What's up with Whitney? Word is that Whitney Houston has skipped out on rehab after only five days and has rented a pad near her Atlanta home to dry out on her own. "Whitney got extremely upset and said she felt the walls were closing in on her," a Whitney insider spilled to the New York Daily News. Houston's spokeswoman insists that her client's "movements are in total keeping with the program," and adds that Houston will not travel to Boston with her husband, Bobby Brown, who is expected in court there in connection with a paternity suit involving two children birthed by a woman other than Whitney. (N.Y. Daily News) Plus: Fox News reports that Houston may never have checked into rehab in the first place, but was instead getting her "throat scraped at a special clinic in the Atlanta area." (Fox 411)

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Watch your backo, Jacko: Santa Barbara district attorney Tom Sneddon says that the parade of witnesses he expects to call to testify in front of a grand jury constitute the prosecution's attempt to show a "pattern of seduction" in the Michael Jackson child abuse case. (BBC News)

Elvis picks up a pen: Elvis Costello has signed a two-book deal with Simon & Schuster. The first, due out in fall 2005, is being described as "a series of intimate narrative chapters taking their cue from the styles, themes and characters found in a number of Costello's lyrics." The second, which does not yet have a release date, is a "work of comic philosophy" called "How to Play the Guitar, Sing Loudly and Impress Girls... or Boys." (Billboard via RTÉ.ie)

Blairing more lies: In his new book, Jayson Blair writes that his old boss Gerald Boyd's "mother died following a long struggle with drugs." But Boyd writes in the Detroit Free Press that his mother never used drugs and died of sickle-cell anemia at age 29, calling Blair's "hurtful" fib "unconscionable." Blair tells the Washington Post that he heard the story secondhand and mistakenly thought that part of his book would be fact-checked -- and that, as a result of Boyd's complaint, the error has been expunged from future printings of the book. (Page Six) Plus: Blair publisher set to file suit today against two newspapers that published excerpts prior to book's pub date. (Cindy Adams)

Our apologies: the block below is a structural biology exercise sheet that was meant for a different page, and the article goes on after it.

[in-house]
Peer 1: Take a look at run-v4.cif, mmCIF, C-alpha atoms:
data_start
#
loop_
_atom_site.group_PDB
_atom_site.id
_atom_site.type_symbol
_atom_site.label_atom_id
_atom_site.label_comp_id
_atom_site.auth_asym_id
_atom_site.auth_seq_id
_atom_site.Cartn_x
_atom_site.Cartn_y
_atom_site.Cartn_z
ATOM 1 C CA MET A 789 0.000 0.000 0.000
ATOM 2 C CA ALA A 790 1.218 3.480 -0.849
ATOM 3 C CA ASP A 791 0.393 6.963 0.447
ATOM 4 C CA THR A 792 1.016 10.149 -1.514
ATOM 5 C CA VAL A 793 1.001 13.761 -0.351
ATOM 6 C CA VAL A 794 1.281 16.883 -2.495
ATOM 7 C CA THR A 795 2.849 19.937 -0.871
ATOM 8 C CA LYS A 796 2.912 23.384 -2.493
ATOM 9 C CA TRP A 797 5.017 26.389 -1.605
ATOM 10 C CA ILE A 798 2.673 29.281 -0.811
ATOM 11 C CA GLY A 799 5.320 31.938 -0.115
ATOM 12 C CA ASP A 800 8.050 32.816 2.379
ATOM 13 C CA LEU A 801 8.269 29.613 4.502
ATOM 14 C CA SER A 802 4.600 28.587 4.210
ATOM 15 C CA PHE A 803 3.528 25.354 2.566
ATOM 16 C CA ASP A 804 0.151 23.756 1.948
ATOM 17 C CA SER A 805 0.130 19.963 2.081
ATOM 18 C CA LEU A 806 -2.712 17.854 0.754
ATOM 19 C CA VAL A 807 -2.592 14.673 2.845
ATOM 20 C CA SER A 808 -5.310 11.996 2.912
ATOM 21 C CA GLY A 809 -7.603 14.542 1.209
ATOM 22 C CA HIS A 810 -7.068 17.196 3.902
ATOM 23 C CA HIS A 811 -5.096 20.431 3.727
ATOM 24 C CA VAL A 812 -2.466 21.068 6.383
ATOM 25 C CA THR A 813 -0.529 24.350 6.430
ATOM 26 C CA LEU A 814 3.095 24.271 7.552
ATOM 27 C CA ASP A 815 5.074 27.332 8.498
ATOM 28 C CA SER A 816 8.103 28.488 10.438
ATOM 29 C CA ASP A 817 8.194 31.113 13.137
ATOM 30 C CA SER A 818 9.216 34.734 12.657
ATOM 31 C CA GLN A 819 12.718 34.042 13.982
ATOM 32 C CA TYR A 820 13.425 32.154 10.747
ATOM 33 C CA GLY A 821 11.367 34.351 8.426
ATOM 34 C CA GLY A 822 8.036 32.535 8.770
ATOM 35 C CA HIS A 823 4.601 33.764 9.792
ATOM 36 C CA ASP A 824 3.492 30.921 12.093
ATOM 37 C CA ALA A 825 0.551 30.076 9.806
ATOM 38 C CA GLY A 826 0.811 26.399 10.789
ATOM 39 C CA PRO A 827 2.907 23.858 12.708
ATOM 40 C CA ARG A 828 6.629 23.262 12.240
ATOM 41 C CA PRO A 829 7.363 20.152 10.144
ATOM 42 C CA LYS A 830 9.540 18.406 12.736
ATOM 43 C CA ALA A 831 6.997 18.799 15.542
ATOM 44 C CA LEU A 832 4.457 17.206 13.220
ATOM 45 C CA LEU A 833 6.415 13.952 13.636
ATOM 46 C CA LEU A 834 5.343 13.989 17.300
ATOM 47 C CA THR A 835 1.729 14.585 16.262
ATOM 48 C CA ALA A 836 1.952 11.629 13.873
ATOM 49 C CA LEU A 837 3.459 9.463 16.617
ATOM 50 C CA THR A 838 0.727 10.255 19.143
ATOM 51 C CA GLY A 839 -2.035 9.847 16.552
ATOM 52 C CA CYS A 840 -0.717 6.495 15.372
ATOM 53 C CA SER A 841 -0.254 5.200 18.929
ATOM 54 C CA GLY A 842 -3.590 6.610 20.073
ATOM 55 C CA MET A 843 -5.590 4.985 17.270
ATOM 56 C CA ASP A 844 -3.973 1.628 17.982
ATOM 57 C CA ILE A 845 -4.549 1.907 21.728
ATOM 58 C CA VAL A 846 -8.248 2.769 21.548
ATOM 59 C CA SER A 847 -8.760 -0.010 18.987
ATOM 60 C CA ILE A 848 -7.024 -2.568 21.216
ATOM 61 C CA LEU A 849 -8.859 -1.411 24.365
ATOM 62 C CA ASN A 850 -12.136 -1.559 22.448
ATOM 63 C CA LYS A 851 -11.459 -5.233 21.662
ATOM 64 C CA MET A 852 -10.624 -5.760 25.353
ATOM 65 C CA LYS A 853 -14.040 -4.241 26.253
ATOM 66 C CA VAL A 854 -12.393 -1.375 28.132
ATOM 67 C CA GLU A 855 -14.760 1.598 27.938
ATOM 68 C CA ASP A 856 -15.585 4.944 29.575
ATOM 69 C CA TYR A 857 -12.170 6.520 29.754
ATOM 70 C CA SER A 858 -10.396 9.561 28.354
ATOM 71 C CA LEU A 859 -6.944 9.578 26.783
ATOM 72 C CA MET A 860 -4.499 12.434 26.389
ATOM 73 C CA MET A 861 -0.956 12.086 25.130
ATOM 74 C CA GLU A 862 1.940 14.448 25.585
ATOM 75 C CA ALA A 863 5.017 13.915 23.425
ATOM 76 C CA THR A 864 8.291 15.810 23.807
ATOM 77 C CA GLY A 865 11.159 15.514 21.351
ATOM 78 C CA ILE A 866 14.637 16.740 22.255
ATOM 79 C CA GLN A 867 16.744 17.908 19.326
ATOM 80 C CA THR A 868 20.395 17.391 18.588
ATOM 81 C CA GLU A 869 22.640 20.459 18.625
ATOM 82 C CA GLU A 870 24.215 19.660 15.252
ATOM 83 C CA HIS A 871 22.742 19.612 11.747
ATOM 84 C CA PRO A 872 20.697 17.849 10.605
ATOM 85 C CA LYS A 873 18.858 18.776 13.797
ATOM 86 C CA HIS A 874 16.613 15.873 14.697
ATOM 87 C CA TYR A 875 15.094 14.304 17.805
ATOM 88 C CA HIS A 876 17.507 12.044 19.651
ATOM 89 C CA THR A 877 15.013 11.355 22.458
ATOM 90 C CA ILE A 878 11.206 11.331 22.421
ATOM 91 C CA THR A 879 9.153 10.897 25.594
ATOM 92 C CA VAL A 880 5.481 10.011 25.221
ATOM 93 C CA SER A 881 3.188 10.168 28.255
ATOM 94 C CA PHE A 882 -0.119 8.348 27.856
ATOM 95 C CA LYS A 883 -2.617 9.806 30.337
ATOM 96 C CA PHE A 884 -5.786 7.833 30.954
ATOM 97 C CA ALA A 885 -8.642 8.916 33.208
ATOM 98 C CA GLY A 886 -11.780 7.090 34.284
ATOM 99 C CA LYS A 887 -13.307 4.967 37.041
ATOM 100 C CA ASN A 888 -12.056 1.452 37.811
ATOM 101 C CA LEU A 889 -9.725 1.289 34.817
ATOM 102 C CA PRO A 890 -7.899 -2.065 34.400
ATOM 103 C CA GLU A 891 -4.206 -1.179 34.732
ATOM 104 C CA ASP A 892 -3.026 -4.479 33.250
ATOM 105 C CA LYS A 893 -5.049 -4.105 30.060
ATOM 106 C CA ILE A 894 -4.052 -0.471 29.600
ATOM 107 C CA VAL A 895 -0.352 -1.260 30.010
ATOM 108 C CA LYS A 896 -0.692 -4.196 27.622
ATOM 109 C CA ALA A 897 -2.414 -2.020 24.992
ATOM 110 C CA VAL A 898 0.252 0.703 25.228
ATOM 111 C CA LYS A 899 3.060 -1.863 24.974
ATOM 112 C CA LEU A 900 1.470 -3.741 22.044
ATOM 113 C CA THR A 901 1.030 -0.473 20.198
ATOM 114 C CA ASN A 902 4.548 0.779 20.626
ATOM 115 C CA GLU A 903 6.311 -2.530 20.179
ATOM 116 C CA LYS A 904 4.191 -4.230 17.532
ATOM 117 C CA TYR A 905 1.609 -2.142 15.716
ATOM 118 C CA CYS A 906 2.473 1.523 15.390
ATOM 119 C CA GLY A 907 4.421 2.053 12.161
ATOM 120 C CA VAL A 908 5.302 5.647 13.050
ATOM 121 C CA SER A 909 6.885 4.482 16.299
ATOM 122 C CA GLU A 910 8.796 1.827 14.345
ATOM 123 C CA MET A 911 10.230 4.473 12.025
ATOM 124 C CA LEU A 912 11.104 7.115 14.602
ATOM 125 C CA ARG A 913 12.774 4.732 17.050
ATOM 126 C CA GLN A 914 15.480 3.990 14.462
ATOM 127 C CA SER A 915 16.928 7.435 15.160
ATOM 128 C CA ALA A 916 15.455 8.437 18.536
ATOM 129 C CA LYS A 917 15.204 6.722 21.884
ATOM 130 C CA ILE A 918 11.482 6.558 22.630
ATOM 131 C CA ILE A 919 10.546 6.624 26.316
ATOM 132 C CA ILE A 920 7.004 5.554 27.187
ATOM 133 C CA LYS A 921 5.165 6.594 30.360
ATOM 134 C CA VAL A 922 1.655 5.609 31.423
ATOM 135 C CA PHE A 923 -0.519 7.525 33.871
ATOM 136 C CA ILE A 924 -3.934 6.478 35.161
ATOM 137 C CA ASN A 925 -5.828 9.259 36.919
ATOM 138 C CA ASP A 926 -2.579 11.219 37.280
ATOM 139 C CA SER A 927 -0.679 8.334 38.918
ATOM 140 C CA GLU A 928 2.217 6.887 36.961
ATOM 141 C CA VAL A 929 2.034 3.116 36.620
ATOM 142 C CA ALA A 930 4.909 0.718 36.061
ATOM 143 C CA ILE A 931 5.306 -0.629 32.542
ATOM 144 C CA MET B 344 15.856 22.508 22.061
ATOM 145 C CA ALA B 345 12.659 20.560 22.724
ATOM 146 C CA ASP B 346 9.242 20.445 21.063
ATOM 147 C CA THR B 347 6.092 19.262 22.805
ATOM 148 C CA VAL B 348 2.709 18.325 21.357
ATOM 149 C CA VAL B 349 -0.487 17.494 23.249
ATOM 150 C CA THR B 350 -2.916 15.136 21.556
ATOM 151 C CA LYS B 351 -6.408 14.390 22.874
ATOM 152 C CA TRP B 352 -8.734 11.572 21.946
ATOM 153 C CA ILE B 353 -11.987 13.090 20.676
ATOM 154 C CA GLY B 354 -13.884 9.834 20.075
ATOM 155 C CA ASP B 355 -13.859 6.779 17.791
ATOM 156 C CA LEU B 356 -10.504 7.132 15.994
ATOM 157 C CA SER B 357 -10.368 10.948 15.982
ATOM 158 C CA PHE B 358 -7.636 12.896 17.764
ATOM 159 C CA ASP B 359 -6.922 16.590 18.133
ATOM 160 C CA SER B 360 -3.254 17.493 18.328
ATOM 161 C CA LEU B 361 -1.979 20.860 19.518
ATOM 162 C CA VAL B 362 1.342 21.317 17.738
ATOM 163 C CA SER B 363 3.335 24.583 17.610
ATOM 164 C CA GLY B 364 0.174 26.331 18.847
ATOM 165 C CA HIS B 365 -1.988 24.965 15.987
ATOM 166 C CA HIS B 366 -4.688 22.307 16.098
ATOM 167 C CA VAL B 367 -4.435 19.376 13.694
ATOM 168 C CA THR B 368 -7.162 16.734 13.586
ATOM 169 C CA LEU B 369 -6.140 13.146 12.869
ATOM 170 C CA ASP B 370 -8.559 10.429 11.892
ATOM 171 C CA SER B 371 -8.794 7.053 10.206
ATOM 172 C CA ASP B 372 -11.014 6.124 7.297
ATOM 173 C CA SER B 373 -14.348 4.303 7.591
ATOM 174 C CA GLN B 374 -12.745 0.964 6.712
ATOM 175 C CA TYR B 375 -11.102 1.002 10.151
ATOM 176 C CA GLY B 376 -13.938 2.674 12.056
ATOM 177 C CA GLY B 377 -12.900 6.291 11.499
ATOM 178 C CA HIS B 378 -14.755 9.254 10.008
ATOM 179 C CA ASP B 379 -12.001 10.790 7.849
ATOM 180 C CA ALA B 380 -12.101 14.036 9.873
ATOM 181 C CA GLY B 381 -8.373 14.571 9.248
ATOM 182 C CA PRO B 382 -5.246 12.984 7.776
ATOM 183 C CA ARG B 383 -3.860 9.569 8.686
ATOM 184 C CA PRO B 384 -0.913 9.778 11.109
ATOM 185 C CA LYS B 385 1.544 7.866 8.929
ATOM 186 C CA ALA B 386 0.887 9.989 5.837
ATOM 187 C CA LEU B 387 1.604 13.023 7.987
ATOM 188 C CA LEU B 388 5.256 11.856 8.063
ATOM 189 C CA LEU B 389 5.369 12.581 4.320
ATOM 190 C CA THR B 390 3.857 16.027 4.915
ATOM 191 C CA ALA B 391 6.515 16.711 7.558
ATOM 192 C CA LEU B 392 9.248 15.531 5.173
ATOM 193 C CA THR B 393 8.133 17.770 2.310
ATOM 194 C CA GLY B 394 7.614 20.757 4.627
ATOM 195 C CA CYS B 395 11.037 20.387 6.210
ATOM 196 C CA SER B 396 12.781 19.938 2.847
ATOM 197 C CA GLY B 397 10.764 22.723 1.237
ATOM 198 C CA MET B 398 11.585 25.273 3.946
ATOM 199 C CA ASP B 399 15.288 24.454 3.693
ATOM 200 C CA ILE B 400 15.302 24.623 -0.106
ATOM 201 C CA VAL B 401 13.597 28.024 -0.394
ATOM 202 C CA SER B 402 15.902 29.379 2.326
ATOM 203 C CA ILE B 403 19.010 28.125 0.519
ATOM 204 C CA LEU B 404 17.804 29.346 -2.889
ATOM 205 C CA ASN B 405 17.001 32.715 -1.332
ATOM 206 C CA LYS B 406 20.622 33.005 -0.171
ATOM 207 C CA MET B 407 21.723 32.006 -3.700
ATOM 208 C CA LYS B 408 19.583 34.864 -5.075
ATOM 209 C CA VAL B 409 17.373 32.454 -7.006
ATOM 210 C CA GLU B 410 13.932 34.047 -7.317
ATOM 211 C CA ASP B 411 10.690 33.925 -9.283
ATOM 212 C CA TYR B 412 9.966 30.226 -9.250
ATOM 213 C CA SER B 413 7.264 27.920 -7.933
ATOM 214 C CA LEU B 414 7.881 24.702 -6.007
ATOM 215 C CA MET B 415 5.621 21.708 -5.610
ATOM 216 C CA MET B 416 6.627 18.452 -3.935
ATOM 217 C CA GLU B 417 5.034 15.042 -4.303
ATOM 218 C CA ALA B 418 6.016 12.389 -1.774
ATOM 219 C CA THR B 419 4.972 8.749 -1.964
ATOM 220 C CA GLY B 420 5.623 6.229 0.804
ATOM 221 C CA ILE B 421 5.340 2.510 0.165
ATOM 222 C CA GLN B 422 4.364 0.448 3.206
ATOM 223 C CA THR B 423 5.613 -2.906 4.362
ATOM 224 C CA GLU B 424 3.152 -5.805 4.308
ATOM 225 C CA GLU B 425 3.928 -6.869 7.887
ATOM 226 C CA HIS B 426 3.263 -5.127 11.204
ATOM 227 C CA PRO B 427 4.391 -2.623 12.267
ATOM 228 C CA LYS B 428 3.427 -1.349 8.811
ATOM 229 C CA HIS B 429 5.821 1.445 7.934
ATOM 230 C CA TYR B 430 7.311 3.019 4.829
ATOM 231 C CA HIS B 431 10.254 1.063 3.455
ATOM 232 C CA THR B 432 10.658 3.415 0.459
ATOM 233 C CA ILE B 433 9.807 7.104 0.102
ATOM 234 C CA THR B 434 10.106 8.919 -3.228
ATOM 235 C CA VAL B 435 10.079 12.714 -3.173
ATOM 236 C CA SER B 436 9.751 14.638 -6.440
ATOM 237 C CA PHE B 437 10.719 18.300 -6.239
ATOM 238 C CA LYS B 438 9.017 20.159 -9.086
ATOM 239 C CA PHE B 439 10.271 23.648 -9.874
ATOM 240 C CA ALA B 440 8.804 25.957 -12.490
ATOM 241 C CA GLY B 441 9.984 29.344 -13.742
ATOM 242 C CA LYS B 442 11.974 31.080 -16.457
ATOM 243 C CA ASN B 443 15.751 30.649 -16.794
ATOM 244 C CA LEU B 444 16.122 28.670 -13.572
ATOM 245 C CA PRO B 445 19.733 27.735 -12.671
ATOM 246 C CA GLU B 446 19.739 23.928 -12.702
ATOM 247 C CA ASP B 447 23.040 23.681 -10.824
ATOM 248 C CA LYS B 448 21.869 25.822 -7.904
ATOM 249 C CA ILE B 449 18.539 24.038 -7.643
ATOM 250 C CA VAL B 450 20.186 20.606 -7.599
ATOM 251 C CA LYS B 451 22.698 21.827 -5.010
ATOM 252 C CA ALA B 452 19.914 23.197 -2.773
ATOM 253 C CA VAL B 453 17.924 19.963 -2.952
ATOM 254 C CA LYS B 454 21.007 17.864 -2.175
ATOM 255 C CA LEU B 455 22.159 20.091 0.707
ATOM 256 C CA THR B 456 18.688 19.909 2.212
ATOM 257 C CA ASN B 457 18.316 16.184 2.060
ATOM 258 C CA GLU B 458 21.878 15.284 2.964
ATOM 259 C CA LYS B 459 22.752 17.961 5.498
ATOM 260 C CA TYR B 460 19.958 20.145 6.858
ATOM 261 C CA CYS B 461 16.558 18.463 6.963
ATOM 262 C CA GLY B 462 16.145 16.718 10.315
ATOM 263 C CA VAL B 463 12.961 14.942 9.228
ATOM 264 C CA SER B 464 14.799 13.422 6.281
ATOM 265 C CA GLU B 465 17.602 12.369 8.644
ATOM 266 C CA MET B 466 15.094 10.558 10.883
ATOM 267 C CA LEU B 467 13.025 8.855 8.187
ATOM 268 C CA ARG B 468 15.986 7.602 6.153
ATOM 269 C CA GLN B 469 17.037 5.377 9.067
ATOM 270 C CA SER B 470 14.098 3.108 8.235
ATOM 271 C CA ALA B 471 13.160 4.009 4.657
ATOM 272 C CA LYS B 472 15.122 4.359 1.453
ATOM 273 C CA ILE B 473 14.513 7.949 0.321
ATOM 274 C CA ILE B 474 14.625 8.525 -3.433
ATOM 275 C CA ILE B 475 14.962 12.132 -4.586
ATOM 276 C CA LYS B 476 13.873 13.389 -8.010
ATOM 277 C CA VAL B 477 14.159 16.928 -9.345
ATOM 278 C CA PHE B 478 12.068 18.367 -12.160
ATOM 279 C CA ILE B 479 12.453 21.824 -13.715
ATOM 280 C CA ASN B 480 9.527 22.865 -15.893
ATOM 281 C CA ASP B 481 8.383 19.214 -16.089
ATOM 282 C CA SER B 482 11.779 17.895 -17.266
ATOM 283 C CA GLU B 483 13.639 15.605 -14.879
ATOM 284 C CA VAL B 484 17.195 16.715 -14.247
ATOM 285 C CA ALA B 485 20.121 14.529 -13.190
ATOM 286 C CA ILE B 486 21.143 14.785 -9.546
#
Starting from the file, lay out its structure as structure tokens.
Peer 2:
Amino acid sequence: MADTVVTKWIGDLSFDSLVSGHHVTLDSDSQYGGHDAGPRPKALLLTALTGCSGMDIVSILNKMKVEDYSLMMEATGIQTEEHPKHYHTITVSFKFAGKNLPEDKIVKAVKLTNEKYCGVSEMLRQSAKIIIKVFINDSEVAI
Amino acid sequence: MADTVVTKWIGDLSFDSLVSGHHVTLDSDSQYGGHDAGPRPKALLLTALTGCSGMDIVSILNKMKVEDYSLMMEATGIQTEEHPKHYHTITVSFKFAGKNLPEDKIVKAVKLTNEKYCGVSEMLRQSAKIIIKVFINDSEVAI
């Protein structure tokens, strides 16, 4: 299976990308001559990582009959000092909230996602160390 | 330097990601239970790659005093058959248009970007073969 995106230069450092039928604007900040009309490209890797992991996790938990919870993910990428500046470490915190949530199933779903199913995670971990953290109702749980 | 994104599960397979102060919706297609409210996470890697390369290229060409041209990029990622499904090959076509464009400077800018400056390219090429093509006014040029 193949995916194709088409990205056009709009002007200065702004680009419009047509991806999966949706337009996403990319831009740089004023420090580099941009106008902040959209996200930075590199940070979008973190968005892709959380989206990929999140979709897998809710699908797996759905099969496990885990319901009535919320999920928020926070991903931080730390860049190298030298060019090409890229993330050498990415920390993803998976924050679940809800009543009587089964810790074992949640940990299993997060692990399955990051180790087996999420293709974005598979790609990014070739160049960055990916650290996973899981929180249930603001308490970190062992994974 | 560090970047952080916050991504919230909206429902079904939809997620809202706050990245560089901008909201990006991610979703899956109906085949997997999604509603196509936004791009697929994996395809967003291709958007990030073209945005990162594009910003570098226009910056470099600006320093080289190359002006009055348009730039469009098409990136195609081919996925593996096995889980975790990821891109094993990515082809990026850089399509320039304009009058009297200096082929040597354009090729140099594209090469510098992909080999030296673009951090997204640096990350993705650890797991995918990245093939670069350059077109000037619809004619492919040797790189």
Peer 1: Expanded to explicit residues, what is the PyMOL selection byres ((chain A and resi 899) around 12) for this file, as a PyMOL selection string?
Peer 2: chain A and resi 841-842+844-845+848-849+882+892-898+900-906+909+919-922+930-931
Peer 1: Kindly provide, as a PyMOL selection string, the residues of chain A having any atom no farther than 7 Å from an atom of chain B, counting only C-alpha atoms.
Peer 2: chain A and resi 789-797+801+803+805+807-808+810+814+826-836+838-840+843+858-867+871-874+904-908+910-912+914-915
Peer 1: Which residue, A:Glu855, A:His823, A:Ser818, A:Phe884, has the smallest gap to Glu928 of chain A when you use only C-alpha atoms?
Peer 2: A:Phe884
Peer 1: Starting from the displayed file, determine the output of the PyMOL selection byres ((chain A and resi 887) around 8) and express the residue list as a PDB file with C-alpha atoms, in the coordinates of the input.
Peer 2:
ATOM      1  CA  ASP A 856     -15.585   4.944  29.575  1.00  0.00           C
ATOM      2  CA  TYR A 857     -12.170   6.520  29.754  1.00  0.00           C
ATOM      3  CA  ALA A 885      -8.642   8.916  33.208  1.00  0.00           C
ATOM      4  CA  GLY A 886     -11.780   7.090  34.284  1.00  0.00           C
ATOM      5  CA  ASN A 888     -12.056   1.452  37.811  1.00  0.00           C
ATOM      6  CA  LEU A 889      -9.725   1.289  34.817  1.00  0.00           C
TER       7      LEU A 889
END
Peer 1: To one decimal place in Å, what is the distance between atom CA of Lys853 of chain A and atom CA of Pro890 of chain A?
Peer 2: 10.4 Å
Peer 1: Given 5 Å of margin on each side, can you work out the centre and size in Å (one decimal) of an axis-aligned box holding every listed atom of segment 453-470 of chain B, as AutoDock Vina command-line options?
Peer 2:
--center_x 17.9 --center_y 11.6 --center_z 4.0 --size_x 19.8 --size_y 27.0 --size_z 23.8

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Bye-bye, Bob: National Public Radio is yanking Bob Edwards out of his "Morning Edition" host chair. Edwards, who is the founding host of the 25-year-old show, will contribute to NPR in other, as yet undefined ways after he leaves his early-morning seat on April 30. And he's not going happily. "I'd rather stay," Edwards commented. "But it's not my decision to make." (N.Y. Daily News)

The Liberty Bell has not tolled after all: The producers of MTV's "Real World," Bunim-Murray Productions, and the city of Philadelphia have ironed out their differences, paving the way for the reality TV show to film a season in the City of Brotherly Love after all. (Yahoo Business)

Money Quotes:

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R&B star Usher, who just split with TLC's Rozonda "Chilli" Thomas after three years together: "I'm a sexaholic. I'm addicted to sex. But I'm not a sex freak. I am a man with strong needs. It's impossible for me to be in a relationship. At least while I'm still young." (Ananova.com)

Donald Trump: "All of the women on 'The Apprentice' flirted with me -- consciously or unconsciously. That's to be expected." (The 411)

-- Amy Reiter